"The air force went on a raid, they looked at the watch. When the navy left harbour on a convoy duty, they looked at the calendar."
After training, I was drafted to the HMCS Ettrick, E-T-T-R-I-C-K which is a frigate, originally RN ship, Royal Navy, and it was transferred to the Canadian navy in January 1944; I joined it then. The ship was only six months old. It was a wreck - it hadn’t been taken care of and we spent about three months repairing and cleaning it up. It was just a mess. As a matter of fact, they were debating whether to even keep it, turn it back or sink it.
But anyway, we got it all fixed up and we went to sea, and we were the only ship in the navy, only frigate with turbine engines. Now, we originally joined [Escort Group] C3, which was taking a convoy across to Londonderry. We took three across and we joined and they formed EG27, which is an Escort Group or a hunting group with striking force. And we became part of that with four other frigates. And we patrolled the North Atlantic and we provided assistance to convoys going across who were under attack. And then went out looking for U-boats. Unsuccessful, because we never found any.
The only one we found was in October 1944, we got caught in the tail end of a hurricane off of Newfoundland and we came back in, it would get, we had to get repairs. Then we, we went out with the, I think it was four other frigates on assisting convoys and escort group and we finally ended in January 1945, we were in harbour, we left out and we joined up with a convoy coming up from Boston to Halifax, the BX141, and coming into Halifax, they were attacked by the U1232 and three ships were sunk. One torpedo was aimed at us. We had a very sharp ASDIC [Anti-Submarine Detection Investigation Committee device] operator who warned us, warned the captain who returned. And we turned, we ran over the submarine right outside Halifax. And we took off his, all the equipment on his conning tower, his periscopes, gun mounts, radio equipment, antennas. We didn’t sink him; he got away and into the shallow waters outside of Halifax. And he took about three weeks to get back to Germany and they found out later on that, a friend of ours who was also, a former German naval officer, that this submarine had a full captain aboard, which was unusual. And he was very disappointed that he was, usually when a U-boat comes back in, it’s met by a destroyer and a band. And he was unhappy because he got met by a tug.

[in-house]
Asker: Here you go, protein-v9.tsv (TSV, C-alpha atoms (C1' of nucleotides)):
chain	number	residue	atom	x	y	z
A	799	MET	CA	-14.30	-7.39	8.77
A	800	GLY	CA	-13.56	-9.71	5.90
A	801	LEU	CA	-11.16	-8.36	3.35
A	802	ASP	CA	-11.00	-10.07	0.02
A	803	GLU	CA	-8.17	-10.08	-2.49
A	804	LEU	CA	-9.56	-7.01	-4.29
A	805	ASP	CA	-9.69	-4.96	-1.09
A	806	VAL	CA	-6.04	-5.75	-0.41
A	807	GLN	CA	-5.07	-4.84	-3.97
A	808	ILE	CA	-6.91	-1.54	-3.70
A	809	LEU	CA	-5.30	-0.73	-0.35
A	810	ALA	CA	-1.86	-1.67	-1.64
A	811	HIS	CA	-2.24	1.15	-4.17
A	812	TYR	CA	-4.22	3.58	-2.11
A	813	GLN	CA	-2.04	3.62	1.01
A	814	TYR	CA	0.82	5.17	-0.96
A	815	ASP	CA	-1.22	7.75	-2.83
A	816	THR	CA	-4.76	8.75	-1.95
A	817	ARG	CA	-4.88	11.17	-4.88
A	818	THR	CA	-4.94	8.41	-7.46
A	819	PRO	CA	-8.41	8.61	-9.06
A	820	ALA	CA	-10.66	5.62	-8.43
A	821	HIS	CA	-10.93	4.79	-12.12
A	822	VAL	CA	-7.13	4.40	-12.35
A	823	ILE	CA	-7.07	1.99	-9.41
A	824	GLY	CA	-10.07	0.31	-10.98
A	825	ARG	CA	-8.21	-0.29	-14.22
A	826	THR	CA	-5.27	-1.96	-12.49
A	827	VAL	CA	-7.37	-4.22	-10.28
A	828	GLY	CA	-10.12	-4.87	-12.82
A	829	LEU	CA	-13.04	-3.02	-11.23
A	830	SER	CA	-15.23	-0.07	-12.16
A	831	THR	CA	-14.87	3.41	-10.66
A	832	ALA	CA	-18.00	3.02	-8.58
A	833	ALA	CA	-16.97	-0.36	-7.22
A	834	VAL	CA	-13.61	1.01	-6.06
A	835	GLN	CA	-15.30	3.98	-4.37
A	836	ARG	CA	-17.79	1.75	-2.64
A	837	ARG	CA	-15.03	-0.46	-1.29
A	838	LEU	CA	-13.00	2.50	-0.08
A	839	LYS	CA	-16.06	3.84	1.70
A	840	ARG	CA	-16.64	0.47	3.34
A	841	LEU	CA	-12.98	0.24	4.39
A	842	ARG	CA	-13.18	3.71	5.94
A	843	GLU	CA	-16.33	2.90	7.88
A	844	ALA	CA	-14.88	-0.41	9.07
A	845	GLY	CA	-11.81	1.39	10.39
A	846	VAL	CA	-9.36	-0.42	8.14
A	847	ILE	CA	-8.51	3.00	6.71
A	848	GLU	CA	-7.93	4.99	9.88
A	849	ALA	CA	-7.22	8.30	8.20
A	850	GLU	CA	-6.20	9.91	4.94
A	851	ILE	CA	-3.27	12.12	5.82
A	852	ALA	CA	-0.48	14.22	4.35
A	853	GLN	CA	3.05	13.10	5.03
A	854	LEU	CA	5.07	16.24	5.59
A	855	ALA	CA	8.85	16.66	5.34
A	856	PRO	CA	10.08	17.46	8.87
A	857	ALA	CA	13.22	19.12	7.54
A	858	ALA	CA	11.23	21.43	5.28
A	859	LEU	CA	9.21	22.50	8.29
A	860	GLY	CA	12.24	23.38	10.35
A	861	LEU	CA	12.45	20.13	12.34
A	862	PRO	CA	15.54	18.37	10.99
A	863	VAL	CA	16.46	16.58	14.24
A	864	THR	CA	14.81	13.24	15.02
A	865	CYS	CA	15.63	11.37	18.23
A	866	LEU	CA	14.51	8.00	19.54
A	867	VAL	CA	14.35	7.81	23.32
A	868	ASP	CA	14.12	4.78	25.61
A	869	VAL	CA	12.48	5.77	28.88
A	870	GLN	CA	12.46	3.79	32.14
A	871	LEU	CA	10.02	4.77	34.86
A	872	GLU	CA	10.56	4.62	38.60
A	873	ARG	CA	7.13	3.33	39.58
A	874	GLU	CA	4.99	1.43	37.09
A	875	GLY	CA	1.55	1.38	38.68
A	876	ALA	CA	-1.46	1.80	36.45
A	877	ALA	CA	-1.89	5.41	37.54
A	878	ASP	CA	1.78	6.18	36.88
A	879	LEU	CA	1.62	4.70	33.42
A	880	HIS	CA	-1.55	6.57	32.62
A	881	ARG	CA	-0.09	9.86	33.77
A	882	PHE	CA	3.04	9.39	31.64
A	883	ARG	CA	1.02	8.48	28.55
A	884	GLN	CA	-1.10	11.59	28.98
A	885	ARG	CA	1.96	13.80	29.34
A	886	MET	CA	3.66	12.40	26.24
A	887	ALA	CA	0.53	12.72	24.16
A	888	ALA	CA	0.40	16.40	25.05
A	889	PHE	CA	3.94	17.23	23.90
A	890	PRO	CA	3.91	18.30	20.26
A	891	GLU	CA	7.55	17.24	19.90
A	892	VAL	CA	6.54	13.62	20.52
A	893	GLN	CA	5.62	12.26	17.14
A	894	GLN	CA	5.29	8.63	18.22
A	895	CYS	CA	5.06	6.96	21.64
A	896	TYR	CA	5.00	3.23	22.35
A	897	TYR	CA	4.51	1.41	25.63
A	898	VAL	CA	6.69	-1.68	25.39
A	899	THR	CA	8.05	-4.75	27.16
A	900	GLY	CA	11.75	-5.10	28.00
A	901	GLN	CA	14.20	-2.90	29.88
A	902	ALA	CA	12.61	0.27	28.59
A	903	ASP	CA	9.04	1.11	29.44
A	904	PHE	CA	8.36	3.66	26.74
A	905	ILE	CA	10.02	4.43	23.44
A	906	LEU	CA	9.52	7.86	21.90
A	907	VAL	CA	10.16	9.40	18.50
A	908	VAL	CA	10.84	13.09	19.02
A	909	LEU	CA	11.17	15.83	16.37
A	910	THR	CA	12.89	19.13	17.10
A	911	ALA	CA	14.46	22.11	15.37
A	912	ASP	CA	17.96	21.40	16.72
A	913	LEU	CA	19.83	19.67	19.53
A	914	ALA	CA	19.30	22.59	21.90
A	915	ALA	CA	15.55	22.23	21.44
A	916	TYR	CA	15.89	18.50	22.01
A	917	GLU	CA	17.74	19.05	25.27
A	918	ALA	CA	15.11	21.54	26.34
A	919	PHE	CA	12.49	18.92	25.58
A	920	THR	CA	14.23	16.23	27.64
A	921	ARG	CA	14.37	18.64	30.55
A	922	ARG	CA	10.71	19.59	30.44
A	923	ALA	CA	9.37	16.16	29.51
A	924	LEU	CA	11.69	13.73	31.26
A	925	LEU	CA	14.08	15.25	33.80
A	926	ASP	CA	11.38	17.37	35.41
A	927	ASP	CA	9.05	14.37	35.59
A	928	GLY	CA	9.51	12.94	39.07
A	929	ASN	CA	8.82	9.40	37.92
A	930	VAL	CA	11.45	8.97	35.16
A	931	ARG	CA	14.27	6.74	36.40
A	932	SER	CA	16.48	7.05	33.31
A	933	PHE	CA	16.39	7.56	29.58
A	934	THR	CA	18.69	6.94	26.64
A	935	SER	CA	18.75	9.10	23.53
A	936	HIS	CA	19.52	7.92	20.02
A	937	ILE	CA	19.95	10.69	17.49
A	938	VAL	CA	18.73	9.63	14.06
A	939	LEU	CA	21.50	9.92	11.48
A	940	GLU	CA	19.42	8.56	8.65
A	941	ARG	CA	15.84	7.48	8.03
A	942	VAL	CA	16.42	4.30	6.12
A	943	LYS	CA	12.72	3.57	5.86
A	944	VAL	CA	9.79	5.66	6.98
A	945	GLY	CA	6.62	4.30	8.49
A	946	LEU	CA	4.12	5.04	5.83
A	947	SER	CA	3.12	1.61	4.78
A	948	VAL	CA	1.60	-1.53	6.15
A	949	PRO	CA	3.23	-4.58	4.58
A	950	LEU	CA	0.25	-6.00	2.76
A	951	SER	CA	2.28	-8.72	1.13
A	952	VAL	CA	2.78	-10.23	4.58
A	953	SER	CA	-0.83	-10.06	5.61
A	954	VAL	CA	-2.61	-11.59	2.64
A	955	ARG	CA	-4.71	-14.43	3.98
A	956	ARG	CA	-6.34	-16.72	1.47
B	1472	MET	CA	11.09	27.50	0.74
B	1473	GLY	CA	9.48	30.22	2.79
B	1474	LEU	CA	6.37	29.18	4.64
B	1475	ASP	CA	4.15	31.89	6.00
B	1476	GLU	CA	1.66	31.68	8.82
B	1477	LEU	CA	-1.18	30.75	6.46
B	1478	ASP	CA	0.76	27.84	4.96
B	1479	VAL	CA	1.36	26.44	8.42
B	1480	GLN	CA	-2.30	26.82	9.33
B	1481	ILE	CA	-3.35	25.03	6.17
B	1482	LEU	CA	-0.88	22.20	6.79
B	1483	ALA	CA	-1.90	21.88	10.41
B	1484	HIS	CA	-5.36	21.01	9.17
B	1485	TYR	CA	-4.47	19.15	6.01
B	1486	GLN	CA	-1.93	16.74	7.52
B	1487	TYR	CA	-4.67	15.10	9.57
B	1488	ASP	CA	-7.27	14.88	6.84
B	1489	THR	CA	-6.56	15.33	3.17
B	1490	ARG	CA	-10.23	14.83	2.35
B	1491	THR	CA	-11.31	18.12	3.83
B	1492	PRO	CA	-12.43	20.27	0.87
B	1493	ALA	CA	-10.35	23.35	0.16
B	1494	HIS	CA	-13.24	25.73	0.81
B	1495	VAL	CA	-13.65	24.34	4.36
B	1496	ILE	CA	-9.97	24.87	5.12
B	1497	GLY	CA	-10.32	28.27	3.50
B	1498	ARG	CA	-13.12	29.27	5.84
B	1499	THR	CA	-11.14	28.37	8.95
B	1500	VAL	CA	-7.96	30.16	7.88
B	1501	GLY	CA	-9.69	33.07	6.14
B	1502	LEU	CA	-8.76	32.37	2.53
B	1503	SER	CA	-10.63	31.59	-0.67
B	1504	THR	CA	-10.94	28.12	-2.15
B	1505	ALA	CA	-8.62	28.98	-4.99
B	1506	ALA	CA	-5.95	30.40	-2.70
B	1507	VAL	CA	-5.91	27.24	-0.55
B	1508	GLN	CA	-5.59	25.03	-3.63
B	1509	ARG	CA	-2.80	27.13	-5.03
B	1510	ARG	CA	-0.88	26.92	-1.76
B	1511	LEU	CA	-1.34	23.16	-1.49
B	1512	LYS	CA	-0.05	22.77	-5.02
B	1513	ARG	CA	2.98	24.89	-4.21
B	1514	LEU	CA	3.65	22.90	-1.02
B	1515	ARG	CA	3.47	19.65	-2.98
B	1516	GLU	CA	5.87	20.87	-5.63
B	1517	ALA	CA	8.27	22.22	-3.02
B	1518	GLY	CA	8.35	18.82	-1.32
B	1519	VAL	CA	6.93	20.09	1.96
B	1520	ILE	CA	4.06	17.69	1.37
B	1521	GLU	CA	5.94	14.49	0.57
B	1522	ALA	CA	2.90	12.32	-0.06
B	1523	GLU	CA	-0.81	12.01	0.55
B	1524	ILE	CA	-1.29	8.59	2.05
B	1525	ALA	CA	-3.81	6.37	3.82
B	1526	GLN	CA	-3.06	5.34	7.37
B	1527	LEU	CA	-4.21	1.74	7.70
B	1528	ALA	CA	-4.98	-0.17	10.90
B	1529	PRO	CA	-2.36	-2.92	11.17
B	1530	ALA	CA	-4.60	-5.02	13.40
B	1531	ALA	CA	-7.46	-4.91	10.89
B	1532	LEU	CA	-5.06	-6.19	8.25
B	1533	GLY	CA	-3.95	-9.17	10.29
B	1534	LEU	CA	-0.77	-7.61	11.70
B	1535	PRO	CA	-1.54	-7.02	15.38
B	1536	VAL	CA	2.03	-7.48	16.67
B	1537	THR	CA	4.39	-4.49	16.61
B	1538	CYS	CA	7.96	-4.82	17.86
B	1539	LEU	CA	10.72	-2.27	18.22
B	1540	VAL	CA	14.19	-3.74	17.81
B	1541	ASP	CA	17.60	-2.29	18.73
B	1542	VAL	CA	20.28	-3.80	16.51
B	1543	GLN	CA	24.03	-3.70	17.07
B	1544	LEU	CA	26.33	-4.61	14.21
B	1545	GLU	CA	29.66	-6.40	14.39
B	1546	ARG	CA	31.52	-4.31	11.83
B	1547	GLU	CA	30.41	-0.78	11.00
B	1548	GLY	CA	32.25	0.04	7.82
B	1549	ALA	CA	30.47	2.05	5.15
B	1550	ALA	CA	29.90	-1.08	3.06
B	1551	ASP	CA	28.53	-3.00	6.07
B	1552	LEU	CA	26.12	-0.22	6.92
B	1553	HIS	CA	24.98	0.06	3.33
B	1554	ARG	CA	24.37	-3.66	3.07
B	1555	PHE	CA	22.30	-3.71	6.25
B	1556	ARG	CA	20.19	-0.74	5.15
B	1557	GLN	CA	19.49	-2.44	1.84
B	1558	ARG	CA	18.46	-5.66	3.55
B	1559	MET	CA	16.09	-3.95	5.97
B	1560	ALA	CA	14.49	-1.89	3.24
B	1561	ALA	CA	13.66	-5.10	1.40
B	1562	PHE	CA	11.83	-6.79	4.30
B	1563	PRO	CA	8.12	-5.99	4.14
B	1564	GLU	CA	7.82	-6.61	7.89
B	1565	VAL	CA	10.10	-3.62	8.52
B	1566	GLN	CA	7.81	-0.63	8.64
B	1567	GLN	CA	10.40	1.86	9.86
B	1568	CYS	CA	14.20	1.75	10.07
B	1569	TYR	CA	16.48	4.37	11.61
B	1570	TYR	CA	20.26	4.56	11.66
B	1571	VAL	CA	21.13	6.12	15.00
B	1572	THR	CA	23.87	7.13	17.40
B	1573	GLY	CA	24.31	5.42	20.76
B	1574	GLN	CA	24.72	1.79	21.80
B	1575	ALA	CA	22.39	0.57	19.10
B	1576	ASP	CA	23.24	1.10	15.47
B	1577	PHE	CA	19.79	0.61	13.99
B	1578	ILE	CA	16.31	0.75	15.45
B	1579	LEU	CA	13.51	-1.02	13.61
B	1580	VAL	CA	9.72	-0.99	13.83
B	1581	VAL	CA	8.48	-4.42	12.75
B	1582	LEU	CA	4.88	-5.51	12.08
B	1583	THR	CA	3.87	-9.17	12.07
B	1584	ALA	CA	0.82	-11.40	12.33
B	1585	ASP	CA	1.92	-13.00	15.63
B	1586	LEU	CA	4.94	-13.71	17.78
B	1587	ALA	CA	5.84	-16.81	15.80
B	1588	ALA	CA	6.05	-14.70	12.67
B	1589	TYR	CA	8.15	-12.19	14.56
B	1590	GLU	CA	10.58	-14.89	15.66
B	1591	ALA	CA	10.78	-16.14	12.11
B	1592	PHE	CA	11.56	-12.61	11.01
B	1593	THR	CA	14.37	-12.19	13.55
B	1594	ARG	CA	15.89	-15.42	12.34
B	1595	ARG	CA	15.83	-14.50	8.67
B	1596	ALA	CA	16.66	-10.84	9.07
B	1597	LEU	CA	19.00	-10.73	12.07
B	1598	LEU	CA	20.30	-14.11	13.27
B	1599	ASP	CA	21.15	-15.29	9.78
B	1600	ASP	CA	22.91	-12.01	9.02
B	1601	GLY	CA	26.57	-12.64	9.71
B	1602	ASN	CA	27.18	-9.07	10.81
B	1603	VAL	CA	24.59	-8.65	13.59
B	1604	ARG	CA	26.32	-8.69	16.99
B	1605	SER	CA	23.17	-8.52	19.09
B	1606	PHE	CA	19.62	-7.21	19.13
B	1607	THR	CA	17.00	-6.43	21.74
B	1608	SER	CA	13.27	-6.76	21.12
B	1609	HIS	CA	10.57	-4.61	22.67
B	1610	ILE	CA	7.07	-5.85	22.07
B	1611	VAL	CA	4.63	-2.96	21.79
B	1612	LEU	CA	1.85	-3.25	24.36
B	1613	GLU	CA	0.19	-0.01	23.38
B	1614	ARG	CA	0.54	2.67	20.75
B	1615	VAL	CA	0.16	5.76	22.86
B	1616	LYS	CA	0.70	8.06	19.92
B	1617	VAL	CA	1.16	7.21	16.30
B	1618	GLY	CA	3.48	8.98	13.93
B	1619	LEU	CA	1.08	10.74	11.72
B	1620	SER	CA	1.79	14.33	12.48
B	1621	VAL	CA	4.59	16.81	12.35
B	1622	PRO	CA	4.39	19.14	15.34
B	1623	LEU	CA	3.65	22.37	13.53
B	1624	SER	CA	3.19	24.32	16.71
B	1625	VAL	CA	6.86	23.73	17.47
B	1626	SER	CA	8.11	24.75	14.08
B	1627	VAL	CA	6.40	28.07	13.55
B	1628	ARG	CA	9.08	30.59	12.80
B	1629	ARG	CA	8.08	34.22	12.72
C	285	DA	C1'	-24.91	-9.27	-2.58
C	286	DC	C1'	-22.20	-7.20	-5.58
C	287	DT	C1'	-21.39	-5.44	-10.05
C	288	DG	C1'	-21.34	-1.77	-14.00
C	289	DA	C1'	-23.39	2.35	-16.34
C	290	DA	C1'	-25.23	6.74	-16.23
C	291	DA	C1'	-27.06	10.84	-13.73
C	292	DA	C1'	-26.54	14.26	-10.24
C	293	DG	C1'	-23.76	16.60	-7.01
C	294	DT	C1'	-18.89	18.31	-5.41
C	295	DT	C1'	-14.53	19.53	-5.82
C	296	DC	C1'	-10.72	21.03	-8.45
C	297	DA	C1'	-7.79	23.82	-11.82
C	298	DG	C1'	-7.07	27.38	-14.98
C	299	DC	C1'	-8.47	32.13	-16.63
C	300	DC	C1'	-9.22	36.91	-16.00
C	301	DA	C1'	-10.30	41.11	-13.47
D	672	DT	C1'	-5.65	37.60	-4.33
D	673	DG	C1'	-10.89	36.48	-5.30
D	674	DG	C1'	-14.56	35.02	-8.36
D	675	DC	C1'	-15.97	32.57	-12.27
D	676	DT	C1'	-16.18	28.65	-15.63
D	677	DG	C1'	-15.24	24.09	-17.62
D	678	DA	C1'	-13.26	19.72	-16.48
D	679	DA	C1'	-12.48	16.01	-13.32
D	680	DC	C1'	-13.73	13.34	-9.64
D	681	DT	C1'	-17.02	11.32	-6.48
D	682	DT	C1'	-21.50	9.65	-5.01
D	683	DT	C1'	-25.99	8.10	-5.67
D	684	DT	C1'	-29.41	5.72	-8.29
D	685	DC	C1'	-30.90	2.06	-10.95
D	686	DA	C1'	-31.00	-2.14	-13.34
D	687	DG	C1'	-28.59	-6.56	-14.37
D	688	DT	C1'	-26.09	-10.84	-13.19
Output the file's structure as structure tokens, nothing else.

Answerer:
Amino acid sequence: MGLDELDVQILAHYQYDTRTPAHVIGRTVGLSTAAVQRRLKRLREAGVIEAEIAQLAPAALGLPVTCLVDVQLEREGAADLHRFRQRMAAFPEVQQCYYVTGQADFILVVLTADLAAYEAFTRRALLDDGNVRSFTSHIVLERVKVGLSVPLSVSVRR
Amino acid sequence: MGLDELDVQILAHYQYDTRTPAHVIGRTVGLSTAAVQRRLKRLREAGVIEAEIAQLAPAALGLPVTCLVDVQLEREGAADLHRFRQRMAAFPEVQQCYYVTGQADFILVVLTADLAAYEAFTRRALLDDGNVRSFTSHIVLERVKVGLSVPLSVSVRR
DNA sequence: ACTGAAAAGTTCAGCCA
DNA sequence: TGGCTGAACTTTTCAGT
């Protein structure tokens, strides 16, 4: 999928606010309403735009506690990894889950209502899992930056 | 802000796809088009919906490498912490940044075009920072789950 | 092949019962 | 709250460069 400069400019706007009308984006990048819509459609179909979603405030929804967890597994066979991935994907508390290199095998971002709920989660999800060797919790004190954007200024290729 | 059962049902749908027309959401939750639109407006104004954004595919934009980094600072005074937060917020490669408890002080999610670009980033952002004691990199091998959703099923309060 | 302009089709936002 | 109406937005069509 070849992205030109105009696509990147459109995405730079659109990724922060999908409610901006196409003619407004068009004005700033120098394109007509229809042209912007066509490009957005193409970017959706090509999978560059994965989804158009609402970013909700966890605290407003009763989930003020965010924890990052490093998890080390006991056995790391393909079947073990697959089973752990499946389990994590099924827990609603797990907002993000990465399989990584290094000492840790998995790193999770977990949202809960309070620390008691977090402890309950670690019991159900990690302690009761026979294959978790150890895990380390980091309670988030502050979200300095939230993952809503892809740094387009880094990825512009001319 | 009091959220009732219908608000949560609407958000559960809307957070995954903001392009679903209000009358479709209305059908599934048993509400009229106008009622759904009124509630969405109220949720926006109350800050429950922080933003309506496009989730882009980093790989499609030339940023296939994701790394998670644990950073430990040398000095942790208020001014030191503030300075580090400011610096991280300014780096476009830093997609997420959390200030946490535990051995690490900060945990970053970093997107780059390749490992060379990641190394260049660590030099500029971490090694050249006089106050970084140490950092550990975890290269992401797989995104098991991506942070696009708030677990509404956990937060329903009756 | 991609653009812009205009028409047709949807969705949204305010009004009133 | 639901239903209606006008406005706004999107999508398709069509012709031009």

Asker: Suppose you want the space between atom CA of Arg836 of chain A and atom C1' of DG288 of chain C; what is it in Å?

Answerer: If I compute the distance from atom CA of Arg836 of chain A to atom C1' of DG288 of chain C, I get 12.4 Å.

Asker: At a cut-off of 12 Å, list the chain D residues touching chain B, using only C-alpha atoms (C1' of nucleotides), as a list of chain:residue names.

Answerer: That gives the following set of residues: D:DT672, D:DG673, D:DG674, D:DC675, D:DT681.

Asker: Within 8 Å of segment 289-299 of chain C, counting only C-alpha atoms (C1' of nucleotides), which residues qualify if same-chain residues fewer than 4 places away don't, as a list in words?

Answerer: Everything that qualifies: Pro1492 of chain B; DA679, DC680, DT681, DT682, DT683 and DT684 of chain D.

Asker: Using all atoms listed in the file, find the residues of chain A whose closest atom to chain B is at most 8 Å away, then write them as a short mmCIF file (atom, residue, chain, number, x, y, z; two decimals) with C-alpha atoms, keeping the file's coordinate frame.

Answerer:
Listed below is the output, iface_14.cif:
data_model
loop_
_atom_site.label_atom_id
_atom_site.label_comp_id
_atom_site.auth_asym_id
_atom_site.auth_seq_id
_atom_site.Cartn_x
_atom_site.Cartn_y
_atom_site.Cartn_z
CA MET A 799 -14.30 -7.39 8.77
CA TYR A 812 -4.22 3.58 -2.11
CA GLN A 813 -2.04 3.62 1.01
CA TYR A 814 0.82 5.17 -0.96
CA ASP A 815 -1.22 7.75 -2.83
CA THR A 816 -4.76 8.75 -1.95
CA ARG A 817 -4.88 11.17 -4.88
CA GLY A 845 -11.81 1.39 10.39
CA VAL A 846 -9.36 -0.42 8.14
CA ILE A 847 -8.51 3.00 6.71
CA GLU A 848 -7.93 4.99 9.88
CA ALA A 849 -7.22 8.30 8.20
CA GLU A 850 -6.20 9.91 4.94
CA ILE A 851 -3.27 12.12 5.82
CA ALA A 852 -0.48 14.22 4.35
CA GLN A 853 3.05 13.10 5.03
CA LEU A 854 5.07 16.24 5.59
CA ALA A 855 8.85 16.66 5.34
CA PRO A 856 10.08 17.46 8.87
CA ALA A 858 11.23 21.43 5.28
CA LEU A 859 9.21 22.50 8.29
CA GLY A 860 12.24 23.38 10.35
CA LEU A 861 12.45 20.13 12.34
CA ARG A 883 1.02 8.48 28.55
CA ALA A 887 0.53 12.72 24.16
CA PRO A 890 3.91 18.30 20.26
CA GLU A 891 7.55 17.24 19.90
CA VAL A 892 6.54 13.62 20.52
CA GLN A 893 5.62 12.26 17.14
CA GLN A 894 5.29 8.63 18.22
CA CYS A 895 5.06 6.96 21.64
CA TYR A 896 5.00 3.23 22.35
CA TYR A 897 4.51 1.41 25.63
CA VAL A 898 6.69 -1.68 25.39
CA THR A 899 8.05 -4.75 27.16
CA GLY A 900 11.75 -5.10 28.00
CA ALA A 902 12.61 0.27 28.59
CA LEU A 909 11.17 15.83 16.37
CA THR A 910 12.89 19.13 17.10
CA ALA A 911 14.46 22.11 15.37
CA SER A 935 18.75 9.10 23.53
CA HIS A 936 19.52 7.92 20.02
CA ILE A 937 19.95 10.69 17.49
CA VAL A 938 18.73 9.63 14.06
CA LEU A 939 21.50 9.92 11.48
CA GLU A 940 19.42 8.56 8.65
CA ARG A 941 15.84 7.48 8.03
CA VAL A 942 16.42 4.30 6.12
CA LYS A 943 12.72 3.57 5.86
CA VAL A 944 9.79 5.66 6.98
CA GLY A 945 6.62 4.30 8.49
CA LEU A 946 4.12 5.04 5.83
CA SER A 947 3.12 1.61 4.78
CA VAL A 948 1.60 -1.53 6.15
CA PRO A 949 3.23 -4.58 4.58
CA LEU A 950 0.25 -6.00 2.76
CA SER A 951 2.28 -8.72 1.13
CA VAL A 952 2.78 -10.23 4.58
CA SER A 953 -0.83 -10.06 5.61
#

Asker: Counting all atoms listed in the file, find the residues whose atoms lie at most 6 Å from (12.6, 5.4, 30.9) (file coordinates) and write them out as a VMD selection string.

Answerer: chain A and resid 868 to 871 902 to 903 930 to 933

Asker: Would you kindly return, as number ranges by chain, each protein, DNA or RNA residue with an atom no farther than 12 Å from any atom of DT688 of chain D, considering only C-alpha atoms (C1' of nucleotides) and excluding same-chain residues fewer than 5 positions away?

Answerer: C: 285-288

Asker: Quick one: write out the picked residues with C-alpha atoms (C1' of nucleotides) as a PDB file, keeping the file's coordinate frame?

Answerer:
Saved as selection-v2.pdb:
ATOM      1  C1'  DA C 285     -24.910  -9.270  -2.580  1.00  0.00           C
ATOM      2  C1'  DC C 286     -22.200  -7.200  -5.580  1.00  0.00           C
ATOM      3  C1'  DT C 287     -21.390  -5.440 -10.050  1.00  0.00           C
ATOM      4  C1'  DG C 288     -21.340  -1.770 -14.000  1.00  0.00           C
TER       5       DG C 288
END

Living aboard ship was not the easiest thing. They were crowded. The first thing you did when we left harbour was you turned the water off. There was no water to wash or drink or anything else, or wash your clothes. So you slept in the same clothes for the two or three weeks you were out. As you wash, you may get a chance once every two or three days, to wash your face.
Food, I think the homeless shelter got better food. I know a guy I met many years ago skiing, he was a German POW [prisoner of war], and they, he was picked up in the Atlantic and he went to a POW camp in western Canada. And he told us, he got roast beef on Sundays, pork on Wednesdays, movies and everything else. And he, the food we got was, I think it was leftover somewhere. The government wasn’t that great in providing good food for us. I wouldn’t want anybody else to have the same experience.
Joining the navy is fine, as long as it’s not wartime. Because it’s a hard life. And most people didn’t know what the navy did. Like I used to say, no difference between the navy and the air force. I mean, the air force went on a raid, they looked at the watch. When the navy left harbour on a convoy duty, they looked at the calendar. I think a trip across the Atlantic was two, three weeks. Nowadays, you can go across in six or eight hours.